Pharmaceutical Industry looking to re-evaluate its Market Entry into emerging economies after India rejects Novartis patent
April Fool?s day was anything but a joke for Novartis as India?s Supreme Court dismissed its application for patent protection of its Leukaemia and gastrointestinal cancer drug “Glivec” in India?s lucrative $13 billion-a-year drugs market. The ruling dealt a significant blow to Pharmaceutical Multi-National Corporations (MNCs) seeking to compensate for dwindling revenues in the US and Europe by entering a new generation of growth in emerging markets.
How does this change MNC Market Entry strategies?
Yesterday?s ruling cemented India?s position on preventing “evergreen” compound patents (extending patents through modifying the compound) forming a barrier to entry against rival generic drug suppliers. The Supreme Court argued that a previous patent filed by Novartis for an earlier, chemically unstable, version of the drug (that did not make it to market) prevented them upholding the Glivec patent as the drug was too similar in design. The ramifications for the ruling are likely to spread far beyond the Indian borders as many governments re-evaluate their position on compulsory licences. As others begin to follow, Pharmaceutical MNCs will have to reconsider how they can operate within these markets and whether their pipelines are novel enough for these markets to offer profit.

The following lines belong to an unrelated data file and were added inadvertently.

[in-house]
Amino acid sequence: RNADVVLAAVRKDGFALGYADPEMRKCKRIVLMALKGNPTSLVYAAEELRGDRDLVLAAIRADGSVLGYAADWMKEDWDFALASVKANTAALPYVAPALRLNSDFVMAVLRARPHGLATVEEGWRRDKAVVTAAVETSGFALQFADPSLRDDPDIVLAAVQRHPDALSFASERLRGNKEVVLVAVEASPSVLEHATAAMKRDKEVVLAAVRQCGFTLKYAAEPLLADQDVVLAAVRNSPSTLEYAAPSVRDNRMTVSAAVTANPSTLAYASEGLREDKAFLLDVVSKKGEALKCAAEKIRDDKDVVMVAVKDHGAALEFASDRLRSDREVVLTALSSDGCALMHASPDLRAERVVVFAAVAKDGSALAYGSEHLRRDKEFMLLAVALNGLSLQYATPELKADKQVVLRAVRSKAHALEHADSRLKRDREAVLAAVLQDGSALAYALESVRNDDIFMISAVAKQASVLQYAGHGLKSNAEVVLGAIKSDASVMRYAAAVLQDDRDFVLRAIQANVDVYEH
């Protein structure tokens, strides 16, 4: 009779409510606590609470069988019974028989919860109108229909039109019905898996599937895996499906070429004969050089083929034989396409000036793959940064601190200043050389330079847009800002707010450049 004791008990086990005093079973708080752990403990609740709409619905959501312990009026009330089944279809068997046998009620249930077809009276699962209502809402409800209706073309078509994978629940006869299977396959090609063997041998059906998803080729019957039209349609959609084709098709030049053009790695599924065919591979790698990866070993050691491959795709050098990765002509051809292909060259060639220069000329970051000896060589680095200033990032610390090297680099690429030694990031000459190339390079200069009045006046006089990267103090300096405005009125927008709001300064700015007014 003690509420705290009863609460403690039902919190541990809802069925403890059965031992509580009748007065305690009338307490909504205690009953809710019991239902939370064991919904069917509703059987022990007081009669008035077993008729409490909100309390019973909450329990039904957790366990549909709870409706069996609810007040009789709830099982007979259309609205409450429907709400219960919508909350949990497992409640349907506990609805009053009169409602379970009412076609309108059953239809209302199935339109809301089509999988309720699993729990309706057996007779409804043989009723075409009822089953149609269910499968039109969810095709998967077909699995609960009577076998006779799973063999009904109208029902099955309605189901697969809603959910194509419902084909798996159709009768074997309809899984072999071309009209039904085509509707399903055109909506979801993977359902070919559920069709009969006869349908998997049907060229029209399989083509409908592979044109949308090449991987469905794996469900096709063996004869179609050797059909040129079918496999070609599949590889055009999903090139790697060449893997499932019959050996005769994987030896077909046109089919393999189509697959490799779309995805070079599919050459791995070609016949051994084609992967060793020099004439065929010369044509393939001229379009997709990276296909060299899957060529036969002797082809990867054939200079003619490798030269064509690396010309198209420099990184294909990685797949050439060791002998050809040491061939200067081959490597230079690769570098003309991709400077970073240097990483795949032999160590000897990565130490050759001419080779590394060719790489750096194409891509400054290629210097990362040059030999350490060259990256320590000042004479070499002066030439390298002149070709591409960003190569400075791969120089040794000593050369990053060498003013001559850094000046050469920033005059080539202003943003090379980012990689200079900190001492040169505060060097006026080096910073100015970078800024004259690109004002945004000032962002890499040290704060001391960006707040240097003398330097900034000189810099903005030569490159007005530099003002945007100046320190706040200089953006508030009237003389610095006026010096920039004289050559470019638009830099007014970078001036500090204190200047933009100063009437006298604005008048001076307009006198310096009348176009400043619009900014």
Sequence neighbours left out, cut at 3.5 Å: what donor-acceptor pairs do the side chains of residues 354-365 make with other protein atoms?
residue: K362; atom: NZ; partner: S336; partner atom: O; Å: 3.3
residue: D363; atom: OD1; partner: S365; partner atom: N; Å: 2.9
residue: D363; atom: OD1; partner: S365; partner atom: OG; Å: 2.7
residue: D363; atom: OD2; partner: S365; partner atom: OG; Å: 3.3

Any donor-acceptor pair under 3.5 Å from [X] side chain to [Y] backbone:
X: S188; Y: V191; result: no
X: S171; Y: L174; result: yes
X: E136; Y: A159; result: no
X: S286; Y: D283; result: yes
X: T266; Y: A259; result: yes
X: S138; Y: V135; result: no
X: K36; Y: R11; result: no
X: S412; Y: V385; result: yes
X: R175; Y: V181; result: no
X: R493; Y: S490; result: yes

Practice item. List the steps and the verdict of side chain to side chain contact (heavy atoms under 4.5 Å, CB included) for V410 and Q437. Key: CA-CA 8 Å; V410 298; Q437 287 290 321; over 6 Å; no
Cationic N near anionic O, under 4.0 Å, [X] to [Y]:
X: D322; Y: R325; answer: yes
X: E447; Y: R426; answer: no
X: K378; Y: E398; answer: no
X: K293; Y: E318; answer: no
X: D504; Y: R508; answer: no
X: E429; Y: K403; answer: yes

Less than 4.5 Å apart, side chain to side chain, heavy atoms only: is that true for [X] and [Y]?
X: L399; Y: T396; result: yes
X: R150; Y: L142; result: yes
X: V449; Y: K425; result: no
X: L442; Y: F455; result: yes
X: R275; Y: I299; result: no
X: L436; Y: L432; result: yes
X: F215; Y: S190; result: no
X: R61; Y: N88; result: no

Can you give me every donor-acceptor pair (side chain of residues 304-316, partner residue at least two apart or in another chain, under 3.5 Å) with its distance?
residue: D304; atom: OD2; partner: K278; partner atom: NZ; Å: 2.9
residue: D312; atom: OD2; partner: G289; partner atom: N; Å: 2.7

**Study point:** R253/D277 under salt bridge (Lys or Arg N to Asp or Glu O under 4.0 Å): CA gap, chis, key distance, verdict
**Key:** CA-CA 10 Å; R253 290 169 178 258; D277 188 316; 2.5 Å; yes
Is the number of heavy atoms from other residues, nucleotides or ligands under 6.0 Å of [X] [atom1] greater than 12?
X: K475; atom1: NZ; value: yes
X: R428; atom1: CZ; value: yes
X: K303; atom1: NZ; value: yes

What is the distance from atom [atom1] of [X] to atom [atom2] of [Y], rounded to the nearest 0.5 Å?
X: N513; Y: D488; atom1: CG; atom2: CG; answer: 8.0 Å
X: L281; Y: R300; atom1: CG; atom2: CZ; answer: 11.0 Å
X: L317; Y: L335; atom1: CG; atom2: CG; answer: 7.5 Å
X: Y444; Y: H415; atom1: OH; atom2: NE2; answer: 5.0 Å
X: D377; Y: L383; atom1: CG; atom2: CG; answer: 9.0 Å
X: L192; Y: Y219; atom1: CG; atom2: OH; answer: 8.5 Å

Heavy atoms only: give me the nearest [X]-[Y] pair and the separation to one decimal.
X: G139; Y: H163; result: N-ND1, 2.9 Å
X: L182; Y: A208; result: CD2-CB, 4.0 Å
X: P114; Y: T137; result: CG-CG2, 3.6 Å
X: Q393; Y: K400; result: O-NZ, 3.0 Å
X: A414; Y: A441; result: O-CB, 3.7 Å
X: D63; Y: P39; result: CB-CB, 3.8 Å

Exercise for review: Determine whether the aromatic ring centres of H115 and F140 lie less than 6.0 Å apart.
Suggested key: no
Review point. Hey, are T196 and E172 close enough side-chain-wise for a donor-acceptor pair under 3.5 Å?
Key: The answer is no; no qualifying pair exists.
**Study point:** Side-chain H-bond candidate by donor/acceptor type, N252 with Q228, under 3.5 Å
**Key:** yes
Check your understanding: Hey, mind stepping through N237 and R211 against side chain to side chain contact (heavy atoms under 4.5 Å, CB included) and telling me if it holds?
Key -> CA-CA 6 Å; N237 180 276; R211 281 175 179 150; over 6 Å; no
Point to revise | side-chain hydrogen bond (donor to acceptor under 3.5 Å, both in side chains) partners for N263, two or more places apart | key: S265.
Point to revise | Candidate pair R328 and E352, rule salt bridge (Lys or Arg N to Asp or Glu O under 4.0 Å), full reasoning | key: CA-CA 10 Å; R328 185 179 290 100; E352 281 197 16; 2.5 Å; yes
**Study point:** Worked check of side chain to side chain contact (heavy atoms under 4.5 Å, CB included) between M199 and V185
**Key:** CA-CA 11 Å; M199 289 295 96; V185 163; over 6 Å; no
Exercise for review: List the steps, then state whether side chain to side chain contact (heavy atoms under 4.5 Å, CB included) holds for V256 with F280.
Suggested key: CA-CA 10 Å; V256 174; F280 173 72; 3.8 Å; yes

The Pharmaceutical MNC view
Pharmaceutical MNC and Industry Trade groups alike have severely criticised the ruling as having significant negative impact on innovation. As Novartis reconsiders its role in R&D within India the Pharmaceutical Industry?s business model is now at risk as it is founded on the protection of intellectual property. Pharmaceutical MNCs are now likely to want their patents protected before they launch new products within India.
Healthcare advocate view
Patient advocates are calling on many countries, including Brazil and China, to consider compulsory licences in order to offer lifesaving treatments to many of their many citizens who cannot afford the costs associated with following branded medication regimes. Novartis argues that Pharmaceutical MNCs donate supplies to aid those unable to afford treatment. Whilst it is true that over 16,000 patients in India use Novartis? Glivec free of charge the generic Glivec is used by more than 300,000 patients (although this is unclear if this is absolutely free). If other countries follow India?s example the quality of life for patients, especially of those in poverty, will see significant benefits.
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